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Private hostels complement city’s booming higher education business

Posted On :: Monday 19th June 2017
The increasing number of students and working people in the city has led to the mushrooming of hostels and paying guest facilities making it a worthwhile avenue of business
The increasing number of students and working people in the city has led to the mushrooming of hostels and paying guest facilities making it a worthwhile avenue of business
By: Juthika Baruah

With Guwahati booming as a destination for higher education in the northeast region, more and more students are coming to the city every year. These students have to stay in private hostels or as paying guests turning the situation into a smart business proposition for the hostel owners.
The students mostly prefer to stay near the colleges where they are enrolled and as the city’s top colleges are in an around the city centre, i.e. Panbazar, Dighalipukhuri, Ulubari, etc., hostels in the adjacent areas and localities are in high demand. “On today’s date hostels are in demand depending on the place and environment. Students prefer to stay near their colleges for easier commutation and communication. Uzanbazar being central to Guwahati city, maximum number of students opt to stay here. It is a convenient locality and the water crises is less in the area compared to other areas of the city and especially in hostels, water is the major requirement. There are 8-10 hostels within a 100-metre radius in Uzanbazar. Running a hostel is not an easy task. We can’t charge the students too much and have to manage within the reasonably stipulated fees. The girls use laptops, hair dryers, irons, etc. inflating our electricity bills but we can’t charge extra for that,” said Arunjyoti Das, owner of Asheeyana Girls’ Paying Guest at Uzanbazar, while speaking to G Plus.
Das said, “We have to renew the license every year and by way of licence renewal fees we have to remit Rs. 4,400 for the 16 seats that we have. Starting the hostel cost us Rs. 10, 400 by way of fees which had to be paid for the license. Other than these, I have to buy LPG cylinders from the black market as I need more than one cylinder in a month. We provide quality food and food is prepared according to the preference of the girls. The entry time is 7 pm and I have also installed CCTV cameras for security reasons so that the girls do not indulge in any undesirable activities.”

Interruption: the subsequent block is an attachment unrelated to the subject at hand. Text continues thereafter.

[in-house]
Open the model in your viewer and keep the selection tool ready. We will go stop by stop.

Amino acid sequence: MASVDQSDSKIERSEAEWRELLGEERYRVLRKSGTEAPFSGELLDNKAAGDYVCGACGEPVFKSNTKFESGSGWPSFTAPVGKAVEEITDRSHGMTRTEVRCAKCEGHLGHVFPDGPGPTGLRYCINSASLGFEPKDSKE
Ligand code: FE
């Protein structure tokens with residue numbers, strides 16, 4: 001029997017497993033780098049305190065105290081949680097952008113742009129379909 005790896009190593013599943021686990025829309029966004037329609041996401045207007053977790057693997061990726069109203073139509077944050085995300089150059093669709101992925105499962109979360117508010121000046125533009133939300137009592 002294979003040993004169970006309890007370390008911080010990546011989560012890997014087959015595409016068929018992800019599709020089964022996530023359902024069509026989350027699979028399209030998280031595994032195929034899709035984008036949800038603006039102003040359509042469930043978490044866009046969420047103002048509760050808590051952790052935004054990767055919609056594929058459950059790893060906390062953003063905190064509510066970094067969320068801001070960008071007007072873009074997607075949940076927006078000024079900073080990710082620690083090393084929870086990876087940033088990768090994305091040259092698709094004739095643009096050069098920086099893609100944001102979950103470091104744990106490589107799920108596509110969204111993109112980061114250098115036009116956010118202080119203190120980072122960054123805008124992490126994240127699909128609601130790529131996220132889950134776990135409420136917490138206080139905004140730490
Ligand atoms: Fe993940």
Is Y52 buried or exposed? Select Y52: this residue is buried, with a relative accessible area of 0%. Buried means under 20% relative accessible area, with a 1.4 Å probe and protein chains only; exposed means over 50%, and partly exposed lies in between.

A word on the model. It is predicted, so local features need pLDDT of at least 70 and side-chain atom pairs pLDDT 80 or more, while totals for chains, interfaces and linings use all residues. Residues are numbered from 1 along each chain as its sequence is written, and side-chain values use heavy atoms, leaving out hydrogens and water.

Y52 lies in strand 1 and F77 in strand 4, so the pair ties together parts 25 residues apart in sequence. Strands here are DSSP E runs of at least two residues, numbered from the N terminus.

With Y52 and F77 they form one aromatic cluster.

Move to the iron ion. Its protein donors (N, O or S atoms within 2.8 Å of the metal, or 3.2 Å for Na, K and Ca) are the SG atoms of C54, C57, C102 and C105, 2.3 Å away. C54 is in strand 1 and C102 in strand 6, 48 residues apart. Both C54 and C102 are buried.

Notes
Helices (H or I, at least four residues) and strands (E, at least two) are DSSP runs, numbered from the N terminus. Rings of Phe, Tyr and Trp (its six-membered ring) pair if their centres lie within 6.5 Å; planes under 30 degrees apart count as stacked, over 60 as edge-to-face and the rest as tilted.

Das said that his rate per seat is Rs. 4,000 and he has to manage everything within that money. He doesn’t make much profit as his quality of food is better than the other hostels and he doesn’t compromise on the same. He also does not prefer any working ladies as the timings become uncertain and does not match the exit and entry timings of the students.
Nilamoni Gogoi, owner of Aunty Paying Guest, said that the girls in her hostel stay in a homely environment and as she has been running the business for more than five years she knows how to deal with the girls. She has both students and working ladies. “Being a single woman I cook myself for the girls and therefore they don’t complain about the food quality. The rate is between Rs. 3,500 – Rs. 4000 and I can’t increase the same as most of them are students,” said Gogoi.
Moreover, the Guwahati Municipal Corporation (GMC) has given some guidelines to the hostel owners which need to be followed without any lapses. If any of the mandatory documents are not provided the license is liable to be cancelled.
Meanwhile, the Greater Guwahati Hostel and Paying Guest Owners’ Association alleged that the No Objection Certificate (NOC) from the Labour Department, which is one of the documents that needs to be provided, becomes mandatory only when there are more than two employees and the hostels with the single or two employees need not provide the same. “The GMC officials themselves do not have any idea of the Trade License form available in the website and they provide a different form to the hostel owner for issuing a trade license. Nowhere in this form is mentioned what documents are to be submitted along with it. This information is given verbally. There are around 750 private hostels in the city but only 250 are registered as most of the owners do not come for registration because the criteria laid down by the department are not agreeable to them. The registered hostel should pay a fee of Rs. 200 monthly and Rs. 2,000 annually to the GMC,” informed the Association. 
Moreover, the hostels at Rajgarh Road, Lachit Nagar, Anil Nagar and Nabin Nagar, which are the severely flood affected areas of the city also run successfully although their rates are lower. “Although these areas are flood affected students still prefer to stay in these places as some of the colleges like Swadeshi Academy and Icon Academy are nearby. Also the medical students who do not get the institution hostels in the first year stay in these private hostels. The rates are comparatively lower than some of the other areas and students find them suitable and convenient,” said one of the residents of Rajgarh Road who runs her own hostel.
Guidelines for issuing trade license:
• Commercial Permission of the building
• No Objection Certificate (NOC) from Fire
• NOC from Health
• NOC from Labour Department
• Garbage Disposal Agreement
• Police Verification
• Commercial Tax

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